How is the war in Ukraine affecting global trade and the economy?

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The Russian invasion of Ukraine and the ensuing war could have a range of repercussions for the international economy, including a potential food crisis.


Russia's invasion of Ukraine in February has created many consequences that have spread far beyond Europe, including major barriers to trade that are likely to have lasting effects for economies around the world.

Some of the biggest concerns relate to the supply of food, with the UN warning that the impact of the war - combined with other challenges including the economic shock of COVID-19 and climate change - threatens to "tip tens of millions of people over the edge into food insecurity, followed by malnutrition, mass hunger and famine, in a crisis that could last for years".

The consequences of the war for global trade

The World Trade Organization (WTO) previously predicted merchandise trade volume growth of 4.7 percent in 2022, but recently noted that "prospects for the global economy have darkened" since the outbreak of war in Ukraine. It has now revised its forecast down to 3 percent this year and 3.4 percent in 2023.

Supplies of food, energy and fertilizers from Russia and Ukraine have been severely hindered by the war, with grain shipments from Black Sea ports already suspended.

Other factors have added to the problem, including recent lockdowns in China to prevent any further spread of COVID-19, which have placed restrictions on seaborne trade.

WTO director-general Ngozi Okonjo-Iweala said: "The war in Ukraine has created immense human suffering, but it has also damaged the global economy at a critical juncture. Its impact will be felt around the world, particularly in low-income countries, where food accounts for a large fraction of household spending."

The organization pointed out that the uncertainty created by the war makes it difficult to formulate clear and accurate predictions about trade. It said growth in world merchandise trade volumes could range from as low as 0.5 percent to 5.5 percent.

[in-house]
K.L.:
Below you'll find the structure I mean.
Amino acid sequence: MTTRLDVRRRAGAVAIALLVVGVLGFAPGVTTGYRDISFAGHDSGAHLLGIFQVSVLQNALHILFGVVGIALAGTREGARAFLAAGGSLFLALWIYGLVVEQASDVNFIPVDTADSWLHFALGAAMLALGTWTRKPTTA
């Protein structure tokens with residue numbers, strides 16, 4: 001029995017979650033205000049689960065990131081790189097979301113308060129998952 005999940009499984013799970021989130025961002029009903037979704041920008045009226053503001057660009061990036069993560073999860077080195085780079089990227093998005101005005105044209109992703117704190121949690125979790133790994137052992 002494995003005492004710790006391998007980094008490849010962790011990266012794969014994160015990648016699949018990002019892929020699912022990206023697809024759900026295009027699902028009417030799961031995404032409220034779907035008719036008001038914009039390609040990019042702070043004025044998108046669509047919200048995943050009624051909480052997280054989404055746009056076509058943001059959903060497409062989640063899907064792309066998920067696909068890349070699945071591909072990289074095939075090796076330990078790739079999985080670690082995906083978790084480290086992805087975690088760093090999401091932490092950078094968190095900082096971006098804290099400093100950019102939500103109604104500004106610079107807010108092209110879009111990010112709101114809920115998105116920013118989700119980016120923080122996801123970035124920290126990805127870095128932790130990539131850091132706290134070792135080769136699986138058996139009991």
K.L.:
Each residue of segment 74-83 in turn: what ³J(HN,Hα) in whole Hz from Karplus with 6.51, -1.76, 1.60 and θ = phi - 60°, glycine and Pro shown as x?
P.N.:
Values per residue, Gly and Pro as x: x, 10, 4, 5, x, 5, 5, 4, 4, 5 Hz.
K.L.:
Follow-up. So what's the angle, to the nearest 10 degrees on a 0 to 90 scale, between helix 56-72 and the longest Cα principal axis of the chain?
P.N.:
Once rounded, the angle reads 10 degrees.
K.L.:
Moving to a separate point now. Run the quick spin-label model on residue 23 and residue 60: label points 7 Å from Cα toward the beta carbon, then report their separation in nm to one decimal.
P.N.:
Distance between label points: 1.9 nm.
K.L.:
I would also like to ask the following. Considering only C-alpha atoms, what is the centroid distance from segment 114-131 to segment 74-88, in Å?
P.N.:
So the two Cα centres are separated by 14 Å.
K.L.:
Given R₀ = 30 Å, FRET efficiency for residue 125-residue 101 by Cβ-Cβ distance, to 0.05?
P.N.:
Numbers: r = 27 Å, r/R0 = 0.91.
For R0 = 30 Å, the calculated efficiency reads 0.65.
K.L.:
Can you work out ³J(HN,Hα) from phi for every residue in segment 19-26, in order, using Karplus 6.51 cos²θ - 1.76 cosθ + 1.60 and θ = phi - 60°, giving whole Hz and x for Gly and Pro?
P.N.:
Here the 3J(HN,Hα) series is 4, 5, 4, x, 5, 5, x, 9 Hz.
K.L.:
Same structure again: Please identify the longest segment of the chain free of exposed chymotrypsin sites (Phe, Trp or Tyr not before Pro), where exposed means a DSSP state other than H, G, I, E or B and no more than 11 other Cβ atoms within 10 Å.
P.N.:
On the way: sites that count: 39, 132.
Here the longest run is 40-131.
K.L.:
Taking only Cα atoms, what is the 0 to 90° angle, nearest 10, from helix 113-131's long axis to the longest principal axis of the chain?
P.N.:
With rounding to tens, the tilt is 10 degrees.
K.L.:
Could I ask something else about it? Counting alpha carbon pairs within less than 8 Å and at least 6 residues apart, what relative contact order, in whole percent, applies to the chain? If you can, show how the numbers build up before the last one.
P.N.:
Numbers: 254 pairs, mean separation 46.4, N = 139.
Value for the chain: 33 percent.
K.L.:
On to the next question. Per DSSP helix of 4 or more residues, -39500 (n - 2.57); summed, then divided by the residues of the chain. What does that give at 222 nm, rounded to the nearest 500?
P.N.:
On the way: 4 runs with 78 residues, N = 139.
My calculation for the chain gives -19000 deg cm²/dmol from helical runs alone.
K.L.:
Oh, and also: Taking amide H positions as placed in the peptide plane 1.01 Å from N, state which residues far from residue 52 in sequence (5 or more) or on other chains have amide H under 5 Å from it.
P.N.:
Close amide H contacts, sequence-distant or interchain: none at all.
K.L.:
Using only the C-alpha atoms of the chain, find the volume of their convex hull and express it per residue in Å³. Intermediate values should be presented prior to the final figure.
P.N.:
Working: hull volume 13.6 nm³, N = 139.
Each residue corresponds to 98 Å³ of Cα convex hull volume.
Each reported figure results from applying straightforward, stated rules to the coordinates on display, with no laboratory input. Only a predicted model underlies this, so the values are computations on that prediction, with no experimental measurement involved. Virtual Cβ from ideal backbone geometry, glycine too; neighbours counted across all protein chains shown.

Is a food shortage looming?

Supply of food is undeniably one of the biggest concerns to have emerged in the wake of Russia's invasion of Ukraine, partly because these countries produce almost a third of the world's wheat and barley between them, as well as half of global sunflower oil supplies.

Russia and Belarus are also the second and third biggest producers of potash, a key ingredient in fertilizer.

The sudden cut-off in Ukrainian exports of commodities including cooking oil, maize and wheat has had knock-on effects including higher prices for alternatives. UN secretary-general Antonio Guterres said global food prices have risen by nearly a third in the past year, while fertilizer and oil prices have increased by more than half and almost two-thirds, respectively.

This level of inflation is particularly damaging for developing countries, which don't have the fiscal capacity to manage the impact of such sharp and sudden increases.

Mr Guterres said: "Ending hunger is within our reach. There is enough food in our world now for everyone, if we act together. But unless we solve this problem today, we face the specter of global food shortages in the coming months."

What action needs to be taken?

The secretary-general outlined five steps the UN wants governments, international financial institutions and other bodies to take in an effort to "solve the short-term crisis and prevent long-term catastrophe".

These are:

  1. Increasing supplies of food and fertilizers to reduce pressure on markets, with no restrictions on exports and surpluses available to those with the highest need
  2. Ensuring social protection systems cater to everyone in need, with a combination of food, cash and targeted support for water supplies, sanitation and livelihoods
  3. Providing access to finance and liquidity to enable social protection, particularly for developing countries
  4. Bolstering agricultural production and investing in resilient systems that protect smallholder food producers
  5. Delivering sufficient funding for humanitarian operations to tackle famine and reduce hunger

The UN stressed there is "no effective solution" to the food crisis without crucial supplies from Russia, Belarus and Ukraine being reintegrated into world markets, despite the war.

It said Russia must allow grain exports from Ukrainian ports and also ensure its food and fertilizers can reach international markets without any impediments.

Mr Guterres said there is a route out of this situation and he is "hopeful", but there is "still a long way to go".

He added: "The food crisis has no respect for borders, and no country can overcome it alone. Our only chance of lifting millions of people out of hunger is to act together, urgently and with solidarity."